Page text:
We formally filed the paperwork that begins the adoption process back in the Fall of 2008. We had no idea how long it would take, but we knew we were excited that our family was finally beginning to take formal steps in the journey towards filling the empty seat at our table…the empty seat in our hearts.

And everything changed on January 30, 2009. I’ll let Christy’s words from her journal tell you about that day:

It was a normal day, getting home from school, making dinner, putting Aiden and Alyson to bed, looking over what we still needed to get finished for our adoption homestudy. There was no anticipation, no expectation that this was THE night. I sat down in front of the computer to look something up in our agency’s handbook, and thought, “I’ll just take a quick look at the Waiting Child page.” I typed in the password, scanned for any new postings, and gasped. Seriously, my breath was taken away. I was staring into the deep, soulful, glorious dark brown eyes of my new daughter. I knew it, I truly did. I stared, and I stared, and I stared. I cried. I tried to talk myself out of it. I cried some more. I tried to get up the nerve to go tell Matt about her. All the while, he thinks I’m just goofing around on the computer. J

Finally, I got up the nerve to walk into the living room. I don’t really remember what exactly I said to Matt-something like, “So, uh, I was just kind of looking around and just happened upon this picture of this little girl, and uh….so, I wonder if maybe we should just maybe, uh… ask our agency for some more information?????”[1]

If you haven’t figured it out yet, those deep, soulful, dark brown eyes were Mihret’s. From that moment, we knew our empty chair wasn’t going to be empty for very much longer.

From my study of Scripture and my own personal experience, I firmly believe that adoption is close to the heartbeat of God. And you’ll see why in just a moment. But don’t read too much into that statement. I’m not saying that everyone should adopt. Because I don’t believe that. And I’m not saying that adoption is easy. Because it isn’t. Adoption can only occur because of some type of tragedy and loss. And with loss comes pain.

The greatest tragedy in human history, of course, was the loss of innocence in the Garden of Eden. And because sin stained all of creation with that simple act of rebellion, it has spilled over onto all of us, as well. Because of the choices we ourselves made to disobey God’s commands and follow a self-centered instead of a God-centered life, we were once separated from God. We were Fatherless. We were without a home. We were stuck in the pit, unable to pull ourselves out.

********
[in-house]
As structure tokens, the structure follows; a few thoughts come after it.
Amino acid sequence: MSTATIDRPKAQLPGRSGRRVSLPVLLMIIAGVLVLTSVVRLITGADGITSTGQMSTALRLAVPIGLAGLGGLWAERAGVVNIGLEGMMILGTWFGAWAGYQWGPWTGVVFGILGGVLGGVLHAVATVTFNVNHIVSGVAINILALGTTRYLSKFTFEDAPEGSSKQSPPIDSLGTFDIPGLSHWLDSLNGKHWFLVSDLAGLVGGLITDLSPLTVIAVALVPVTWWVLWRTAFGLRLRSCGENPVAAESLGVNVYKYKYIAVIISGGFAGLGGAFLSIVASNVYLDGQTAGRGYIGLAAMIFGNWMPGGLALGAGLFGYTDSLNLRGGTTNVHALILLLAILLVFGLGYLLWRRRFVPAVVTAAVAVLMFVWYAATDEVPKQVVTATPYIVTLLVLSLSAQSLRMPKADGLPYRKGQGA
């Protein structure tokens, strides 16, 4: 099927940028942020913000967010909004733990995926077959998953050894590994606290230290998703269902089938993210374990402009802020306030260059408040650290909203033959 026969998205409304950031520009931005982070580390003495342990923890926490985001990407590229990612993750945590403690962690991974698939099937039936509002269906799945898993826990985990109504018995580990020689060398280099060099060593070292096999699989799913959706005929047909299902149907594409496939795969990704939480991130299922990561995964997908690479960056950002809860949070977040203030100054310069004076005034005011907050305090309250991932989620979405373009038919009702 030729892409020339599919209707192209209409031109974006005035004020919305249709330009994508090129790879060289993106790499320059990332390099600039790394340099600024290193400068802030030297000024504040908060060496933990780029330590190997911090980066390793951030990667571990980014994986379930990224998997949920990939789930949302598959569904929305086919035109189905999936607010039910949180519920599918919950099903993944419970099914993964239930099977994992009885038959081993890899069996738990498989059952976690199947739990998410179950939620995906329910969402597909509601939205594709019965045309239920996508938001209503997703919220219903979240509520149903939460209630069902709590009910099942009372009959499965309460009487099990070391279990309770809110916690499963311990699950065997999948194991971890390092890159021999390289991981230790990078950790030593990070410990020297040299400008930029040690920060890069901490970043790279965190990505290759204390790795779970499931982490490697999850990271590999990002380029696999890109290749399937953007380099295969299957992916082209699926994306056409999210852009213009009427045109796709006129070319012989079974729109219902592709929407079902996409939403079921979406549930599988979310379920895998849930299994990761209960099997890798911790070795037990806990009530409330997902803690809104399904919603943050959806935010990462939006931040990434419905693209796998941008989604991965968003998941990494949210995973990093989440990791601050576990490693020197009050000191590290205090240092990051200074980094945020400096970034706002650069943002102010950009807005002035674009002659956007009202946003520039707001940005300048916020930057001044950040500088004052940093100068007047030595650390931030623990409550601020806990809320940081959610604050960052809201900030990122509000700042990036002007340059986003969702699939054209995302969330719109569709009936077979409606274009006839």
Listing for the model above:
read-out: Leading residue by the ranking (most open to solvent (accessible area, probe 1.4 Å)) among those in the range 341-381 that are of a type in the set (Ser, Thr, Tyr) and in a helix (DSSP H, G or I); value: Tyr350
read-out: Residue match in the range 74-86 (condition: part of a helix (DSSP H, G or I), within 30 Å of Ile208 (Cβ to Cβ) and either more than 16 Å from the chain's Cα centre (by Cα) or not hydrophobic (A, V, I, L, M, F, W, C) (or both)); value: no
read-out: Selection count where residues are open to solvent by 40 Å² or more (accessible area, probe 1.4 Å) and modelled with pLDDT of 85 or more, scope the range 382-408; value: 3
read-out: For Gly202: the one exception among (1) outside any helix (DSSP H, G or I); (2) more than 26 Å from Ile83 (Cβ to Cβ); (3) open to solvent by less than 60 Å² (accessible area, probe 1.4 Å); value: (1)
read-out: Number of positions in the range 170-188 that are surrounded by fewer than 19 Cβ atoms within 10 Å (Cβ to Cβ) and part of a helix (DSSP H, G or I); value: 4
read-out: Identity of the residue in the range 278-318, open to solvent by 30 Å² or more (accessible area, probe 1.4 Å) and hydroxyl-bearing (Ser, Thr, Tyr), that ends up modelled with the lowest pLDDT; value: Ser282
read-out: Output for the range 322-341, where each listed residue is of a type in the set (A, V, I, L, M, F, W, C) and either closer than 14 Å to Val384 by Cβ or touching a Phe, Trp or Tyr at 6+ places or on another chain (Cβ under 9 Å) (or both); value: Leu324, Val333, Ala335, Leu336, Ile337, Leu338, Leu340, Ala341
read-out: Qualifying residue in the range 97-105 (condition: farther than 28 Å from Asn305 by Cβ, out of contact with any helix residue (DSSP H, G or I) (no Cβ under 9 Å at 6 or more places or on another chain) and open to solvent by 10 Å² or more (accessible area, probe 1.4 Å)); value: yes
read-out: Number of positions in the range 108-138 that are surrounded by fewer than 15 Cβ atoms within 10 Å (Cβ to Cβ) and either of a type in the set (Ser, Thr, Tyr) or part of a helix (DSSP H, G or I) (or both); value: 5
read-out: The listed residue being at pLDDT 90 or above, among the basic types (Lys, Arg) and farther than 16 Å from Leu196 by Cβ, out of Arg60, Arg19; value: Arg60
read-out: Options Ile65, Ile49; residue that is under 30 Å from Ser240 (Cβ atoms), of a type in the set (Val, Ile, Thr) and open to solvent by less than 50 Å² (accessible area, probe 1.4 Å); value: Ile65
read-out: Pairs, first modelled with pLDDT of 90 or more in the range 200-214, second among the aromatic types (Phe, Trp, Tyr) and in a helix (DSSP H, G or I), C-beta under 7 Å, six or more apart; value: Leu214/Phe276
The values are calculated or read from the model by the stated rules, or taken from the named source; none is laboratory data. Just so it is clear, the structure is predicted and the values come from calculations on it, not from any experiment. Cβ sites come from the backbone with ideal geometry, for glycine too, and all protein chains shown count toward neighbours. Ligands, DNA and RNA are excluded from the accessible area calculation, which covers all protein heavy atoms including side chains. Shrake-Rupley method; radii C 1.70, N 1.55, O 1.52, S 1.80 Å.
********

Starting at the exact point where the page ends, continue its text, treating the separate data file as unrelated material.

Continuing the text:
But because of God’s unending love for us, He did not want us to remain helpless, hopeless, and homeless. We were on the outside looking in. But God provided a way.

Read Ephesians 1:3-10

In the Roman world, adoption was a common practice. The person adopted (at any age) was taken out of his previous condition, all old debts were cancelled, and he started a new life as a full-fledged son in his new family, whose family name he took and to whose inheritance he was entitled. The new father now owned the adoptee’s property, controlled his personal relationships, and had the right to discipline, while assuming responsibility for his support and ability for his actions – all just as with natural children born into the home.[2] And in that same way, God has provided a way for us, sinners who owed a debt we could not pay, to become His children and heirs to His kingdom. Like I said two weeks ago when we asked the question, “What’s the big deal about the Church?” if you are a follower of Christ, you have been adopted into His family. You are part of the family of God. That, friends, is the good news of the life-changing message of Jesus Christ.

The salvation of humanity was no afterthought. Even when Adam and Eve took that bite of that forbidden fruit, God knew that this was not the end of the story. He knew that He would provide a way for us to be united with Him. And at the proper time, He provided a way for sin to be removed and for our records to be cleansed. He prepared the way for us almost 2,000 years ago. Our family only had to travel half a world away to bring Mihret home. God went to the ends of the earth to pull us from the depths and bring us into His family. Our adoption is God’s response to the tragedy of our own sinful choices.